Friday, October 27, 2006

Pittsburg, P.A.?

In the 1890s President Benjamin Harrison launched a campaign to standardize the spelling of U.S. place names. The problem was that federal agencies were using multiple variations of spellings for the same locations and this practice was a source of needless confusion. So on September 4, 1890 President Harrison issued an executive order creating a new agency, U.S. Board on Geographic Names, the job of which was to standardize the spellings of U.S. locales. At the time, no one probably expected that the work of the agency would become the source of controversy.

As part of the standardization process, however, the U.S. Board on Geographic Names decided to drop the final "h" in places ending with "burgh." As this NPR story reveals, this change didn't sit well with many citizens of the newly dubbed "Pittsburg, Pennsylvania" and thus began a twenty year campaign on the part of Pittsburgh citizens to get back the "h" in their name. At a special meeting in 1911, the U.S. Board on Geographic Names decided to give up the campaign to remove the "h" in Pittsburgh, and the secretary of the board sent a letter to Pennsylvania Senator George T. Oliver instructing him of the decision.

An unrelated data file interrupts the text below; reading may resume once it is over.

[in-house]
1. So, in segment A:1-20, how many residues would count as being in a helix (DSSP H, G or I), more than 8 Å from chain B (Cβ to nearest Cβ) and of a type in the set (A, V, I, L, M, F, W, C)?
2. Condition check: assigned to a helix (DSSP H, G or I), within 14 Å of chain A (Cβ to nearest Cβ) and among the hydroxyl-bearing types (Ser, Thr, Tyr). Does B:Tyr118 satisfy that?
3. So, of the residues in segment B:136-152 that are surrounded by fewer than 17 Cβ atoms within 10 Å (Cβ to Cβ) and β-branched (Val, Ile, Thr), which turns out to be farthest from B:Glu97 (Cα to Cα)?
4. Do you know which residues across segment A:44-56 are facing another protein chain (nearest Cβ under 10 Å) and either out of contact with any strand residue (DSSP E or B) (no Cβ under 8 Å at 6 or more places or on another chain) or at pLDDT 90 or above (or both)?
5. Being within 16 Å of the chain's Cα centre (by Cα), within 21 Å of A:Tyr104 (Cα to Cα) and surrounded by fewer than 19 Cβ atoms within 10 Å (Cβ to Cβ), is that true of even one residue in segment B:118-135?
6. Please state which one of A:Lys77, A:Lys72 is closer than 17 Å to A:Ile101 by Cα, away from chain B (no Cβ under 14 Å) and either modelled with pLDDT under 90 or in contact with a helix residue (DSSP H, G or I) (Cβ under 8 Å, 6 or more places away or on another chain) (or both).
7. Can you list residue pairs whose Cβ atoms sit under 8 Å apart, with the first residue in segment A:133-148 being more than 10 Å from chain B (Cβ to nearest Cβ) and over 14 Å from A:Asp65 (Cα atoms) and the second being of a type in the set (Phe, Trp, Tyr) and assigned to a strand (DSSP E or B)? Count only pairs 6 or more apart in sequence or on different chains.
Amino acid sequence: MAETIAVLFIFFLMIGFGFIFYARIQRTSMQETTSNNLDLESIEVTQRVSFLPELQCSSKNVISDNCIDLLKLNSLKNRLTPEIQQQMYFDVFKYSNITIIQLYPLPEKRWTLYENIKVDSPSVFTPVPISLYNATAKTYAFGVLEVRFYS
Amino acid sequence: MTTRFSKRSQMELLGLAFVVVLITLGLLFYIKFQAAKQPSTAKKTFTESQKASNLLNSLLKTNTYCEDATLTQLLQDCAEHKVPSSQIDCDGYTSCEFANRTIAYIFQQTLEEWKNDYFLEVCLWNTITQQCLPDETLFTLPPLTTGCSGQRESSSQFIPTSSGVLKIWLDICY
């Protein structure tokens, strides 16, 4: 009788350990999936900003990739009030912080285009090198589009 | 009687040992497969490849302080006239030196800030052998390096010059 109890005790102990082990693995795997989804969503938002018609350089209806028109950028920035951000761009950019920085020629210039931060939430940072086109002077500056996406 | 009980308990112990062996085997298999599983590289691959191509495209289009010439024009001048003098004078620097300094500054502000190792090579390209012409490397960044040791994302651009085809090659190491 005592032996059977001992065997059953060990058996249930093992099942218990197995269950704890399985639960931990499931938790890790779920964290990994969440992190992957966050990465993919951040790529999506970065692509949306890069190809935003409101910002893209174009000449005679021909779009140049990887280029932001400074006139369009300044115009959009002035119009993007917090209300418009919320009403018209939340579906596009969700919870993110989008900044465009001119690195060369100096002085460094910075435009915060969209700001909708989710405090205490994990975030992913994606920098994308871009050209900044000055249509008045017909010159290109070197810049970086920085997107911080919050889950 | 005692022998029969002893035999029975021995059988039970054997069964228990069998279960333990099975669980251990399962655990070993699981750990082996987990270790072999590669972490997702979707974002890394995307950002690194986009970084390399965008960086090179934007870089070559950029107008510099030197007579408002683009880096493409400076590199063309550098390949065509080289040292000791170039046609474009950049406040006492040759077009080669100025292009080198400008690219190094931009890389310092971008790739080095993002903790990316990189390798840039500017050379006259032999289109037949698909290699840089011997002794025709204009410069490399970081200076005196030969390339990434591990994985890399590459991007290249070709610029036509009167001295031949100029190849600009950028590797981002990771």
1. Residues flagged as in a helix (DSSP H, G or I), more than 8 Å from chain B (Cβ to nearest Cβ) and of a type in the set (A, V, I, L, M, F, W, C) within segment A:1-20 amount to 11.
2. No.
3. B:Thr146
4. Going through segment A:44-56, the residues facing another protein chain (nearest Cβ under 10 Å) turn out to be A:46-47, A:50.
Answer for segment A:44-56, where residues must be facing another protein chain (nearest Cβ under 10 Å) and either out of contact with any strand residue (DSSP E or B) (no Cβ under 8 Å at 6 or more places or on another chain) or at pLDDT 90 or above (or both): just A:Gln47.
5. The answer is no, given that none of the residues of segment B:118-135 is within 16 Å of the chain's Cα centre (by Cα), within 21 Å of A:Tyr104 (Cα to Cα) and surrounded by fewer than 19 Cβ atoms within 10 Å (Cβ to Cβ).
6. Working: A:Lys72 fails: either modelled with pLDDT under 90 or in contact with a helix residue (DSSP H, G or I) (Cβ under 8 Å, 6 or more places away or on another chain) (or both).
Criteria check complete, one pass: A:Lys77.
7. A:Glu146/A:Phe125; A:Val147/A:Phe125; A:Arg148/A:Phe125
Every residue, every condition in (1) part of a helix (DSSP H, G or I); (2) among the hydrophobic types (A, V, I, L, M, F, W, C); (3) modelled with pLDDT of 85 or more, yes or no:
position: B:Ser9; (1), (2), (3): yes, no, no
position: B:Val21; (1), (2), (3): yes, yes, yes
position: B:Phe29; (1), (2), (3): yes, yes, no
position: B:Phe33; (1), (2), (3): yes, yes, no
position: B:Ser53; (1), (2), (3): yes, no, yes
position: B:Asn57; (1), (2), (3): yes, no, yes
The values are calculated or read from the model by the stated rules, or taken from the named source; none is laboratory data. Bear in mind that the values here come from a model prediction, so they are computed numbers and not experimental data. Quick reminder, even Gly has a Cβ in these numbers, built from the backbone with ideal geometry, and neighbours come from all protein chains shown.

The fight over place names can be told with Government Documents (thus the connection!). For instance, the executive order that President Harrison issued on September 4, 1890 to create the U.S Board on Geographic Names can be read on the second page of this document. Also, to see an original copy of the U.S. Board's complete report on uniform place names, see the House of Representatives Report "Message from the President of the United States Transmitting The Report of the United States Board of Geographic Names," [52 Congress, 1st Session, Ex. Doc. No. 16], which was issued on December 23, 1891.